For the next five years, Evert was the world's No. 1 player. In 1975 she won her second French Open and the first of four straight US Open titles by defeating Cawley in a three-set final. Also in November of that year, the official WTA computer ranking system was instituted, with Evert being the first No. 1. In total Evert logged 260 weeks[lower-alpha 1] at number one. Until February 2013 she held the record of the oldest woman to be ranked WTA number 1, achieving that distinction after reclaiming the spot for the final time during the week of November 24, 1985, at the age of 30 years and 11 months. This was ten years and three weeks after she had first achieved the number one spot. That record stood for 27 years and 3 months until Williams surpassed it in 2013.

The following 1976 season holds a unique distinction for Evert, as this was the only time in her career where she won both Wimbledon and the US Open titles in the same year. She defeated Goolagong Cawley in a thrilling three-set final on grass and then dismantled her on clay at Forest Hills, losing just three games. However, Evert lost to Goolagong Cawley again in the final of the Virginia Slims Championships.[9] In all, Evert won 26 of 39 matches with Cawley. Evert's 1976 performance earned her Sports Illustrated's title of Sportsman of the Year, one of only four occasions (King, Arthur Ashe and Williams) the award was given to a tennis player.[10]

Evert's domination of the women's game and her calm, steely demeanor on court earned her the nickname of the "Ice Maiden" of tennis.[11] Throughout her career, Evert was ranked number one in the world at the end of seven different years by Tennis magazine, by World Tennis magazine and as well as a majority of other major tennis experts from 1974 through 1978, and in 1980 and 1981. In addition Evert had by far the overall best match record in each of those seven years.

The years 1977 and 1978 saw Evert continue to dominate the women's game, winning two more US Opens, the final one played at Forest Hills on clay (1977) and the inaugural one on hard courts at Flushing Meadow (1978). She won 18 of 25 tournaments, with a 126–7 match record, failing only once to reach at least the semifinals during that span. Of particular note is that Evert skipped the French Open during these years (as well as 1976) to play in King's World TeamTennis. The other noteworthy event was Evert's three-set loss to Wade in the semifinals of the 1977 Wimbledon. It was Wimbledon's centenary year, coinciding with Queen Elizabeth II's Silver Jubilee as monarch.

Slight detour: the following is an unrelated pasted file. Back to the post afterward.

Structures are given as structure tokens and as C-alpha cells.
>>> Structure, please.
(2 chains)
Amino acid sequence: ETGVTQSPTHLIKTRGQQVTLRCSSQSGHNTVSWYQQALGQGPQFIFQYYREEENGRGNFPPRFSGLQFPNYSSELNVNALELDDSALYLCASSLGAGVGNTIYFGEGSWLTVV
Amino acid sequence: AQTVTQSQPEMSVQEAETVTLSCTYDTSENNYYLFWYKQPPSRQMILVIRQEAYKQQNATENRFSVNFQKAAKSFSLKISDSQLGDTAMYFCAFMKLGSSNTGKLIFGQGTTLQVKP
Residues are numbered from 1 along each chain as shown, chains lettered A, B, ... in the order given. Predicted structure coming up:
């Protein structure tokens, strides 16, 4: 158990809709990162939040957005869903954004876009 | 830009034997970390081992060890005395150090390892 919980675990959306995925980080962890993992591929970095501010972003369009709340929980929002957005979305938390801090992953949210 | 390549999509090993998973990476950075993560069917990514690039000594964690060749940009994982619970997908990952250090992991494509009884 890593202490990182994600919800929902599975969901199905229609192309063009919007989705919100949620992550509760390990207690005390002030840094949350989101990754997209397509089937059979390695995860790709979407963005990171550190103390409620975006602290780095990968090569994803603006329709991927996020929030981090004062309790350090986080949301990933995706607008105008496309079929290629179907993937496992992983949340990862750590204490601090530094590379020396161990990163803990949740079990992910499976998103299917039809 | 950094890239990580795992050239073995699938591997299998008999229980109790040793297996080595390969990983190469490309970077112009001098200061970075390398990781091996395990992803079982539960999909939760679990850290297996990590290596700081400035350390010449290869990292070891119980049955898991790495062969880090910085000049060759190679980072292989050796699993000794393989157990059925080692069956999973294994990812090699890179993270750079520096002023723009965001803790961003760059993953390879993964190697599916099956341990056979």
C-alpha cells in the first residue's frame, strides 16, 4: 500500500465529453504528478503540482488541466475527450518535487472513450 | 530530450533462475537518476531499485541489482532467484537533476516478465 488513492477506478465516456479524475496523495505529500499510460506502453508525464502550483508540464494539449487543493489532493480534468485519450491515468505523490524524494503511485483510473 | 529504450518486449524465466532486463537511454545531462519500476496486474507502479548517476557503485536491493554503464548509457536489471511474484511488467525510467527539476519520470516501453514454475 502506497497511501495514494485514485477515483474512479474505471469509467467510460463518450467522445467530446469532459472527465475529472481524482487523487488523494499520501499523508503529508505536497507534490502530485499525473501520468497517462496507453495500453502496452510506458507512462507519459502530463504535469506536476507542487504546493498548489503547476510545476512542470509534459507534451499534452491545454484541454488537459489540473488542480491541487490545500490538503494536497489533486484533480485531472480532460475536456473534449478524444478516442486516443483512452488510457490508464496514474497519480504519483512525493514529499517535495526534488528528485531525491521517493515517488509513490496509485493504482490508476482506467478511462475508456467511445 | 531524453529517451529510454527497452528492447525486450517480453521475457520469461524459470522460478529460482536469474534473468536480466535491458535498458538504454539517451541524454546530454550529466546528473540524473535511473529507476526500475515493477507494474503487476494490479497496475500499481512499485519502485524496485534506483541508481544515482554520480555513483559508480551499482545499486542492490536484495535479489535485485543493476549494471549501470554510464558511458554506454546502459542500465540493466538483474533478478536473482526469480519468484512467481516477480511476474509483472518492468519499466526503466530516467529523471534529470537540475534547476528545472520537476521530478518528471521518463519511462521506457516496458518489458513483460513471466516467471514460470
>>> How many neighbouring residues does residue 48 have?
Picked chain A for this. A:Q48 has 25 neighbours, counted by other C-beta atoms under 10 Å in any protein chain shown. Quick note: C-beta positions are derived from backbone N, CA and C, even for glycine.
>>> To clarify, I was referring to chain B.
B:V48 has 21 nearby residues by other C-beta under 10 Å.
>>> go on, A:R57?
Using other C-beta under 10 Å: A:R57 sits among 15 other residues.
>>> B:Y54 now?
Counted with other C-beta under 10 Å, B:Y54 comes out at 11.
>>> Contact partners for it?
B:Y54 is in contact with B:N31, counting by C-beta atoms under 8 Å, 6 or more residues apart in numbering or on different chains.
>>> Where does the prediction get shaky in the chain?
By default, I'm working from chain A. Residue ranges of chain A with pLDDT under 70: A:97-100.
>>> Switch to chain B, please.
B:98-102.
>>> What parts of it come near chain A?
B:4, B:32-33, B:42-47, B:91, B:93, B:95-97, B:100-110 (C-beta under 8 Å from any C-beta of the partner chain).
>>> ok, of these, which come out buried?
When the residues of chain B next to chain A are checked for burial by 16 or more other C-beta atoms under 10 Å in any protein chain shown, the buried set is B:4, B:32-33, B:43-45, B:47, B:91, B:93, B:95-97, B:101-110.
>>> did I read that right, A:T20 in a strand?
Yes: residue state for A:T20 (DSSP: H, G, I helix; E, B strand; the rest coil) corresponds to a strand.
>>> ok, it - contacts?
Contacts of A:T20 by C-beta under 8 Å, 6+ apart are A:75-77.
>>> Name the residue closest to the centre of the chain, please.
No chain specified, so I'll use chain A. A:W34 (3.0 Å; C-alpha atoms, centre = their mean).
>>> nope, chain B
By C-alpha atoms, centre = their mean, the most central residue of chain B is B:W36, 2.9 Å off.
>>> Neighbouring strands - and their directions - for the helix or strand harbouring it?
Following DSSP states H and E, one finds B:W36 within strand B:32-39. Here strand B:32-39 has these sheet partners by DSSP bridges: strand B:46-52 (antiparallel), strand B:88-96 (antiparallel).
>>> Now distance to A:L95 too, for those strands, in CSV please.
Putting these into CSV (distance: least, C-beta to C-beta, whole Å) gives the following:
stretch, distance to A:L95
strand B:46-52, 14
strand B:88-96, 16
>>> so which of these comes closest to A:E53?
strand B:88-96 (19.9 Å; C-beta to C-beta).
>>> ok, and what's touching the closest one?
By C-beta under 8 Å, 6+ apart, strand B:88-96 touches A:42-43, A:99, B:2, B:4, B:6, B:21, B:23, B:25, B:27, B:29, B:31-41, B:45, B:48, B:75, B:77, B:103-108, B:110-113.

A new rival to Evert's domination of tennis emerged on the scene in the second half of the 1970s in the form of Martina Navratilova. Though frequent doubles partners, and good friends off the court, their fierce on-court rivalry is one of the greatest in tennis history. Evert had the best of their earlier encounters, at one point holding a 30–18 edge. However, in the run-up to the 1982 season, Navratilova overhauled her game and fitness, and upgraded her racquet technology, which allowed her to build a 13-match winning streak that culminated at the 1984 US Open, on what came to be known as Super Saturday. They entered the final with 30 wins apiece. Navratilova overcame a first set deficit and a pro-Evert crowd to win 4–6, 6–4, 6–4. Eventually the rivalry saw a final match record of 43–37 in favor of Navratilova, who also led 14–8 in Grand Slam matches and 10–4 in Grand Slam finals.